THE PESO may appreciate versus the dollar this week as the Bangko Sentral ng Pilipinas (BSP) chief remained hawkish despite the US Federal Reserve’s dovishness, but expectations of faster Philippine inflation in July could dampen sentiment.
The local unit closed at P55.13 per dollar on Friday, surging by 69 centavos from its P55.82 finish on Thursday, based on Bankers Association of the Philippines data.
It also strengthened by P1.15 from its P56.28-per-dollar finish a week earlier.
Dollars exchanged rose to $1.57 billion on Friday from $1.27 billion on Thursday.
The peso strengthened on Friday following softer US economic growth in the second quarter that fueled recession fears, Rizal Commercial Banking Corp. Chief Economist Michael L. Ricafort said in a Viber message.
The US Commerce department on Thursday said gross domestic product (GDP) fell at a 0.9% annualized rate last quarter amid aggressive monetary policy tightening by the Federal Reserve to quell high inflation.
The Fed raised rates by 75 basis points (bps) for a second straight meeting last week.
The dollar weakened as comments from Fed chief Jerome H. Powell after their July 26-27 meeting were seen as dovish, UnionBank of the Philippines, Inc. Chief Economist Ruben Carlo O. Asuncion said in an e-mail.
The Fed’s decision to deliver a third straight increase of 75 bps at its Sept. meeting will be guided by whether they see firm evidence of inflation beginning to subside, Mr. Powell said last week.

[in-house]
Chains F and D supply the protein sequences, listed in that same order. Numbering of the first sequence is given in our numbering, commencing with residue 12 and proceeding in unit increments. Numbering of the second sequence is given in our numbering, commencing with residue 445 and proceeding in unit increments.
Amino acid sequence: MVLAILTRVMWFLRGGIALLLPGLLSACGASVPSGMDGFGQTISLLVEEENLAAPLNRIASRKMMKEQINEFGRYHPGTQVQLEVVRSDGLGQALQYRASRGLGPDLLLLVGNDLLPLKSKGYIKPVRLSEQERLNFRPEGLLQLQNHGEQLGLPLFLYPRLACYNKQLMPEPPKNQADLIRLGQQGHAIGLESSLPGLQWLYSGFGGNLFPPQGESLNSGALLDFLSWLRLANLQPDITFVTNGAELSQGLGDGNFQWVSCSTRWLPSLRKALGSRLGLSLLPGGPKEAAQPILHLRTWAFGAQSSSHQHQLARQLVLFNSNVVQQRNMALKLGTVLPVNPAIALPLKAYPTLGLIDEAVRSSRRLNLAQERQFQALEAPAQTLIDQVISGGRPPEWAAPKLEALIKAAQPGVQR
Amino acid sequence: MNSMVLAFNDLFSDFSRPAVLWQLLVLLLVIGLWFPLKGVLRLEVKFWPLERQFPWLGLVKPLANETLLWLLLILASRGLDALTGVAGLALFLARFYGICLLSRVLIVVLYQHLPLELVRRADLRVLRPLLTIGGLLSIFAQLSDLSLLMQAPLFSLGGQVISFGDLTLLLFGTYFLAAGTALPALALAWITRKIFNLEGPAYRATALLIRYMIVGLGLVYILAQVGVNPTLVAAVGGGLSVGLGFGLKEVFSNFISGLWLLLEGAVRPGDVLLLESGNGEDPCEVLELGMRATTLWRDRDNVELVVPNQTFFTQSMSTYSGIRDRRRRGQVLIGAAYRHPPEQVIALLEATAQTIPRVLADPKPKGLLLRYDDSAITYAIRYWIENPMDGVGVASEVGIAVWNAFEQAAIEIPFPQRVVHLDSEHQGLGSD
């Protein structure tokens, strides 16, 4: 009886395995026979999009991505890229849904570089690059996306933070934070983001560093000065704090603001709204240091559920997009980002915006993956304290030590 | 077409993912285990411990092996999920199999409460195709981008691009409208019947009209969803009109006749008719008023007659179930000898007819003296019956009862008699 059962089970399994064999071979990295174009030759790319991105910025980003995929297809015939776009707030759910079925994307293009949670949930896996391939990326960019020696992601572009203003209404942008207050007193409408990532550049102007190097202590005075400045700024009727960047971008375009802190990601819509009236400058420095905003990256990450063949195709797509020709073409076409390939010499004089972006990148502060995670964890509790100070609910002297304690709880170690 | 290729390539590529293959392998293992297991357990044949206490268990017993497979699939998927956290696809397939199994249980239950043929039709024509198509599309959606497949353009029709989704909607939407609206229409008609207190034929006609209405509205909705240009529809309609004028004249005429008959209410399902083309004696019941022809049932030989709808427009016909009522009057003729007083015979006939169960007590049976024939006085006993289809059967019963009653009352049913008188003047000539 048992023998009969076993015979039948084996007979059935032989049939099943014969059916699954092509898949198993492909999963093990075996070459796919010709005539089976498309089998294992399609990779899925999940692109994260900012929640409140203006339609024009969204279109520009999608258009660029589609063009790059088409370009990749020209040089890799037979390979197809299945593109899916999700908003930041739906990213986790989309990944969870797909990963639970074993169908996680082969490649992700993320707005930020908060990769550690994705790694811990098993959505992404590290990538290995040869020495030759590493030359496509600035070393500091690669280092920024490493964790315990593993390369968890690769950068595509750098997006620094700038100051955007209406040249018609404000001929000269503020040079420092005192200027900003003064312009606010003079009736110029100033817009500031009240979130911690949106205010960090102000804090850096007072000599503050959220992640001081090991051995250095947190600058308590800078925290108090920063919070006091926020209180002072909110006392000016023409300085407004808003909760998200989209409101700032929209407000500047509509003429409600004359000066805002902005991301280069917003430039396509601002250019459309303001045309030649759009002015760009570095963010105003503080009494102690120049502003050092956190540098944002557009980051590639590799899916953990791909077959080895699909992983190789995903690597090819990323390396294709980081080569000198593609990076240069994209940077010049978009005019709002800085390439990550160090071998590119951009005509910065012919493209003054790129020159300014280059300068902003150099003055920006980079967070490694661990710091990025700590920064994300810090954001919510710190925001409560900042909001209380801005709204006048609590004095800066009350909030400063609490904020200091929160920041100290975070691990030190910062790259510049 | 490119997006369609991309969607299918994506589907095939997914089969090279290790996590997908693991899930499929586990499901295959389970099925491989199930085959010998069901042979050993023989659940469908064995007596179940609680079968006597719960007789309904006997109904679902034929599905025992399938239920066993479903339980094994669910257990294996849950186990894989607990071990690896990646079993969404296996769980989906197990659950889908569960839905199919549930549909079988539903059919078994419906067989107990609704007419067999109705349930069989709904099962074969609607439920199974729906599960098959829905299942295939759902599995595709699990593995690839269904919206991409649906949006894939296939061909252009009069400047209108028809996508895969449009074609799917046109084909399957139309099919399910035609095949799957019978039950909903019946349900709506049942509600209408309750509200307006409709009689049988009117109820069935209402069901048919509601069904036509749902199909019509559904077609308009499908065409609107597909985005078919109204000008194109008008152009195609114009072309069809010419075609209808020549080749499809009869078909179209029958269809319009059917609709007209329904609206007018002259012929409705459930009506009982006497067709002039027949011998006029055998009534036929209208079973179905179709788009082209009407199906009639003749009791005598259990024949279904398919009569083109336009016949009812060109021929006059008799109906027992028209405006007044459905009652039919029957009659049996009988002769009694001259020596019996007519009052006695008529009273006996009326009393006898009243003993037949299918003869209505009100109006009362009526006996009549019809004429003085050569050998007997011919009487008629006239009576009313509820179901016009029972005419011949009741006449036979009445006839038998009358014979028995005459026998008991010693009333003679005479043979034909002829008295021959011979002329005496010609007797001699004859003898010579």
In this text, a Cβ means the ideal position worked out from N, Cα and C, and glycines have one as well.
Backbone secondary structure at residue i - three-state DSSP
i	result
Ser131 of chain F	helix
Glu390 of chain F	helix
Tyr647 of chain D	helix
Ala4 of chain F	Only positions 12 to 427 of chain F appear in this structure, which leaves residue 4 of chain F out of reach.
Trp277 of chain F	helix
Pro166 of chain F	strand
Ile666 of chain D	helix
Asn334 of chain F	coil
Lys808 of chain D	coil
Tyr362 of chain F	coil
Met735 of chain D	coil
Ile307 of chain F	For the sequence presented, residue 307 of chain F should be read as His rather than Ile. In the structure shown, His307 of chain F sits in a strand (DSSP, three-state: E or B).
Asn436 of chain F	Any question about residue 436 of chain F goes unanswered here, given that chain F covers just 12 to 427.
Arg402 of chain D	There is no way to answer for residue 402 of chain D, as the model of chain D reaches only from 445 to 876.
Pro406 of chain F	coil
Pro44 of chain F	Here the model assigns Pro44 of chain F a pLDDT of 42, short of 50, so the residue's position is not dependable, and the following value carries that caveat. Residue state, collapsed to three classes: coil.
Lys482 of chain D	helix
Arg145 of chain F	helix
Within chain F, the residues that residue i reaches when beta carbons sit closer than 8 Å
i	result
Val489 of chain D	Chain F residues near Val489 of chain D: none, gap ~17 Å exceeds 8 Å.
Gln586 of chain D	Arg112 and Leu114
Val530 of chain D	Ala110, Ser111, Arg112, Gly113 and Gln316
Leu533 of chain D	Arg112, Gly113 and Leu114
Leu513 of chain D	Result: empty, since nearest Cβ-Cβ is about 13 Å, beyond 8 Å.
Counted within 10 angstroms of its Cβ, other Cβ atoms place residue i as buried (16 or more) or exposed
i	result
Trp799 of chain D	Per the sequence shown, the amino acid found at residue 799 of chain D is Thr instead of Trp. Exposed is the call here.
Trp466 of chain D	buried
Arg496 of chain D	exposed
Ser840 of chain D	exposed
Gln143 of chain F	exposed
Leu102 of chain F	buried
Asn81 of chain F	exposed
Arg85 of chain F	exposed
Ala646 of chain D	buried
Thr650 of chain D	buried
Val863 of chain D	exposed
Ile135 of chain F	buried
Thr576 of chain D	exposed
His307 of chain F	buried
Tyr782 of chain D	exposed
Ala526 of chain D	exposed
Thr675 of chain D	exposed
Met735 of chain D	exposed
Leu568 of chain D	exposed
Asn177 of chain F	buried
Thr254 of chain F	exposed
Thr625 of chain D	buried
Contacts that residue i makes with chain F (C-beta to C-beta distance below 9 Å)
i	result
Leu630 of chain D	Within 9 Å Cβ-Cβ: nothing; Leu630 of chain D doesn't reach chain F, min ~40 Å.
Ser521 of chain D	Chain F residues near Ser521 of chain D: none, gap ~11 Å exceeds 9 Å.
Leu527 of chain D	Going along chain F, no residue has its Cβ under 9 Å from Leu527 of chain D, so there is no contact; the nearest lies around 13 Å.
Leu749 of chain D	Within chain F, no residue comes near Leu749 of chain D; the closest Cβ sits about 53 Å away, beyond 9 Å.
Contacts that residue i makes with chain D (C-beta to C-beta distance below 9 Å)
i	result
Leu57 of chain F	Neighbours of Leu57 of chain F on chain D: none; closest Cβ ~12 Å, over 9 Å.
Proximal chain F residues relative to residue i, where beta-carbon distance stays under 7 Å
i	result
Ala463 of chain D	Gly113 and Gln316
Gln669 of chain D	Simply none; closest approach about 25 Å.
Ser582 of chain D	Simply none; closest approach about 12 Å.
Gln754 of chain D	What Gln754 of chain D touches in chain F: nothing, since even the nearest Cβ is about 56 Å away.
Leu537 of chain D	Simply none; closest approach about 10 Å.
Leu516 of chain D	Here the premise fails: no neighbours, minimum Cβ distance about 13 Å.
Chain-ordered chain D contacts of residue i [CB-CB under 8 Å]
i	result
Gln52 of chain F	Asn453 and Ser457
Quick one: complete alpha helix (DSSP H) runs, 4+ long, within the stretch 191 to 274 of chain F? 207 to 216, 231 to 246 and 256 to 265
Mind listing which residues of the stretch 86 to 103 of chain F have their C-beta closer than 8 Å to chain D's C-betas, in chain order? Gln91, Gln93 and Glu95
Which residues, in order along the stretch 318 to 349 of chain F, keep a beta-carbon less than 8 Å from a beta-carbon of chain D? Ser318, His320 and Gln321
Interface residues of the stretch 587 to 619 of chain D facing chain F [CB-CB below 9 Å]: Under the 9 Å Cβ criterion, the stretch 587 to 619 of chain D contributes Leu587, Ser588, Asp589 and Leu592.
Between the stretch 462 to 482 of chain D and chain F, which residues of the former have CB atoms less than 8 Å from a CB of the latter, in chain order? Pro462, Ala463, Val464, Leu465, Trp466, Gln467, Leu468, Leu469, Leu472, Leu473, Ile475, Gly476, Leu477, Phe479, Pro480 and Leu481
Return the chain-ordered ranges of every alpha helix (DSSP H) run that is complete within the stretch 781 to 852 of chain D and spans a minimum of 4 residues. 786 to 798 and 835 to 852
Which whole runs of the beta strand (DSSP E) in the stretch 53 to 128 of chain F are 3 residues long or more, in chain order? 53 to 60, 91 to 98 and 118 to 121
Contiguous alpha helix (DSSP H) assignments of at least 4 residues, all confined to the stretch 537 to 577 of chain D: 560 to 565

“The peso also stronger recently after global crude oil prices hovered among the lowest in about three months… alongside the downward correction in other global commodity prices that could help ease inflationary pressures and lower the country’s oil import bill,” Mr. Ricafort added.
For this week, Mr. Asuncion said the Fed’s dovish tone could cause the dollar to decline. With the BSP continuing to be hawkish, this could support the peso, he said, along with lower oil prices.
However, expectations of above 6% headline inflation in July may affect market sentiment, Mr. Asuncion added.
Inflation likely quickened in July as food and oil prices continued to climb, but lower electricity rates and oil price cuts may slow down the monthly gain, according to analysts.
A BusinessWorld poll of 14 analysts last week yielded a median estimate of 6.2% for July inflation, within the BSP’s 5.6-6.4% forecast for the month. If realized, this would be faster than the 6.1% print seen in June and the 3.7% in July 2021.
BSP Governor Felipe M. Medalla last week said they could hike benchmark rates by 25 bps or 50 bps at their Aug. 18 meeting to keep inflation in check.
For this week, Mr. Asuncion gave a forecast range of P55.50 to P56.10 per dollar, while Mr. Ricafort expects the peso to move within P54.80 to P55.40. — Keisha B. Ta-asan